"I have an older orange tree in my front yard. One of the branches is very vigorous, has large thorns on it, and the fruit is very sour.  Why is this branch different from the rest of the tree?" 

This is a fairly common problem in oranges and other sweet citrus fruit. The vigorous shoot, or branch, originates from the rootstock, that is, below the original graft or budunion. This branch, therefore, is not genetically part of the grafted orange variety. 

Rootstocks are chosen because they possess resistance to disease or some other cultural quality desired by the grower. The fruit borne from the rootstock, although a citrus species, is often sour, bitter and with little juice. Occasionally a bud will break from the rootstock, develop into a branch and grow up through the tree. Eventually this branch can set fruit, but as noted, usually of inferior quality. These sprouts or branches should be cut out. Since they are usually more vigorous than the grafted portion of the tree, they could eventually dominate the entire tree if not removed.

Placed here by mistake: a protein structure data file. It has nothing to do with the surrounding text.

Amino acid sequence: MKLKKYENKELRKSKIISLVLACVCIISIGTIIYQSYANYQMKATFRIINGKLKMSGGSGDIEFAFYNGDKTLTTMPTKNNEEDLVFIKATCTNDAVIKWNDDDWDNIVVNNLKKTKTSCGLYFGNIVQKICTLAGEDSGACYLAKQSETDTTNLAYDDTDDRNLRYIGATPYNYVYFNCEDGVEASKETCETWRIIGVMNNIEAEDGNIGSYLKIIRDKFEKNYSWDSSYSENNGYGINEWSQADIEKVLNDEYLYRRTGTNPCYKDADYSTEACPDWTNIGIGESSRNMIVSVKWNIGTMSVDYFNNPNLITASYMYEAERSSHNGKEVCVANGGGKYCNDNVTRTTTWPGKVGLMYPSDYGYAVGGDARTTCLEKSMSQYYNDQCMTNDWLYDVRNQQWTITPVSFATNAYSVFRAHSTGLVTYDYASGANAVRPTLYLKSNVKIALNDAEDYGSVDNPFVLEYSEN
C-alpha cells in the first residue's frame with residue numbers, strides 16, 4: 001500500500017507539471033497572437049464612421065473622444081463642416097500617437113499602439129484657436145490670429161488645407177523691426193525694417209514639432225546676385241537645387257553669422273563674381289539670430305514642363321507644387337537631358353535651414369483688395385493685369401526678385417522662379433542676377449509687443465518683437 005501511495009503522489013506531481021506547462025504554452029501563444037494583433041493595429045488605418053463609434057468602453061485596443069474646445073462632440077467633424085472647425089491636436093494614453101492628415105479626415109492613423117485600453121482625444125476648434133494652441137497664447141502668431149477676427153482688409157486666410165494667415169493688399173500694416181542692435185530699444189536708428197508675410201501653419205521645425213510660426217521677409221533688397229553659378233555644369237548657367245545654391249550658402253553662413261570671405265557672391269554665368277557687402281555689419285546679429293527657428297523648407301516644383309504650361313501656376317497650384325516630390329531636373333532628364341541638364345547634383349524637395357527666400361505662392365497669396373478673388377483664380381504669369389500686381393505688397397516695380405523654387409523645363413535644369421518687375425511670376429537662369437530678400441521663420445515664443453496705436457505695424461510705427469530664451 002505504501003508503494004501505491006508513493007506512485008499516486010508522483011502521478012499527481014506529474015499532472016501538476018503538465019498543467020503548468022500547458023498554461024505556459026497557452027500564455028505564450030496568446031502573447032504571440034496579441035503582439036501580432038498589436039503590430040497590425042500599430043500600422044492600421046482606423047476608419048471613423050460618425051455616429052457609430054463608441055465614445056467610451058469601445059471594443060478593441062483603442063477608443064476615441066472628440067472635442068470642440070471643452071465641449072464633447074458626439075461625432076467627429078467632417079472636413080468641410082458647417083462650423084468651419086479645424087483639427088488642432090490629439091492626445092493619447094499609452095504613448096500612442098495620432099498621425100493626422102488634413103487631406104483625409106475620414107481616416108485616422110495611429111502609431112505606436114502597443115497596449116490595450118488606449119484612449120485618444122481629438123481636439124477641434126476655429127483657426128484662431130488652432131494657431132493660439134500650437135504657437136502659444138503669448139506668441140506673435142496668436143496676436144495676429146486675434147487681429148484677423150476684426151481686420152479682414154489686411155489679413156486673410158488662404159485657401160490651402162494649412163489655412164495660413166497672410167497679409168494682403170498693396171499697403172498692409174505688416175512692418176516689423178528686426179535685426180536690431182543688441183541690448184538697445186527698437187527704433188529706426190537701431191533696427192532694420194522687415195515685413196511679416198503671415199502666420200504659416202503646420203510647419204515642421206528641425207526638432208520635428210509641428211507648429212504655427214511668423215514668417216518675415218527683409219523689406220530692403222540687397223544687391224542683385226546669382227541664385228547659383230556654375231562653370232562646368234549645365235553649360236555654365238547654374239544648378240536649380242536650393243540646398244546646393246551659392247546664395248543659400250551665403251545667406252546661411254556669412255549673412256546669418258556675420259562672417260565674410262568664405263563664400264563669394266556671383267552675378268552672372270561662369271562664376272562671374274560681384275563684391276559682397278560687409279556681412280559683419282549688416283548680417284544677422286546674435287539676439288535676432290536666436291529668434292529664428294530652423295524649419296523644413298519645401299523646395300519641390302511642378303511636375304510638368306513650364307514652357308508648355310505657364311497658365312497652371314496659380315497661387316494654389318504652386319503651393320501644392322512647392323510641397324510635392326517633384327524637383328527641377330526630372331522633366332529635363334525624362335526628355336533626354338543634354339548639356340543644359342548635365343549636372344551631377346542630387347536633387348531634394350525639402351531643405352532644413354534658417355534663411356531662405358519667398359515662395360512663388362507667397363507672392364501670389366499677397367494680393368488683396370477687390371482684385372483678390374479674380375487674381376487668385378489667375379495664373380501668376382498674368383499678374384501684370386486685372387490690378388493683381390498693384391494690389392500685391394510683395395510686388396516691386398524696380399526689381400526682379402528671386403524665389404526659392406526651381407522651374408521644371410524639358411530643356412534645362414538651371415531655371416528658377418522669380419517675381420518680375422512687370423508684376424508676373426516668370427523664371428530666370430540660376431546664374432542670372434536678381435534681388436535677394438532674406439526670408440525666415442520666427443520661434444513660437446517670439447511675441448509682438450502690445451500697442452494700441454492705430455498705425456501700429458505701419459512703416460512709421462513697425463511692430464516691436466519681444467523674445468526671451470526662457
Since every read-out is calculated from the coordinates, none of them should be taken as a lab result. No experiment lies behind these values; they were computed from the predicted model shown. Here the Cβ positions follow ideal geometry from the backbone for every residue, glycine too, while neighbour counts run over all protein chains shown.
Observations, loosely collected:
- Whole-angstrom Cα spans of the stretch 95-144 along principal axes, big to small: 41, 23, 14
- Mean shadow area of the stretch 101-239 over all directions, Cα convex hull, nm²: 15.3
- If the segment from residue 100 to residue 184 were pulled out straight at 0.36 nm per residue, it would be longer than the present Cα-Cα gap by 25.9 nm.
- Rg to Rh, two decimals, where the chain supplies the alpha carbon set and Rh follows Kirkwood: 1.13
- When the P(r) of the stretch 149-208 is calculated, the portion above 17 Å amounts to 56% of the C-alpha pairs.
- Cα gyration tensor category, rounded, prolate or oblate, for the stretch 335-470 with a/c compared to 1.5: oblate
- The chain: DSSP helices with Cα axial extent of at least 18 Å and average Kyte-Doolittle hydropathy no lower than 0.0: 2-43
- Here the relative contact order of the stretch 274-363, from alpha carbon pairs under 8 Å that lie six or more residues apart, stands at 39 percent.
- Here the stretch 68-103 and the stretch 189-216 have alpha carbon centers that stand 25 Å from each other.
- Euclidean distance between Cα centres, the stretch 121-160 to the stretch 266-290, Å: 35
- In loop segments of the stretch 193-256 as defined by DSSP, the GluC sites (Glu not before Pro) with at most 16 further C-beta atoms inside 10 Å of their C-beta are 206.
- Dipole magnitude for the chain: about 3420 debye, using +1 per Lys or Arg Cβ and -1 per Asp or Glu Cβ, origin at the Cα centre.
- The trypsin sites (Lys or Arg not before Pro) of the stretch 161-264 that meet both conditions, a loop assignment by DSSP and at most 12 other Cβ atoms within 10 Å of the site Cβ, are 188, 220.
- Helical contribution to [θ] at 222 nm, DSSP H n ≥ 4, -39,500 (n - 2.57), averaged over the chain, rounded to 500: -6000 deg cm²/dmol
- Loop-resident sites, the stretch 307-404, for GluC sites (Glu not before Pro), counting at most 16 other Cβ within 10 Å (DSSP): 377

Sunday, November 15, 2015

Sandalwood Trees in Hawaii



Sandalwood trees (Santalum sp.) are classified as hemi-parasites. The term describes a plant that is green and can produce its own food but also derives water and some nutrients by attaching to the roots of other plants. This process can effectively join together whole plant communities through their root systems. The plants that donate nutrients to sandalwood are called hosts; sandalwood trees do not grow well without a host. In fact, this ‘inter-cropping’ is not only possible but necessary.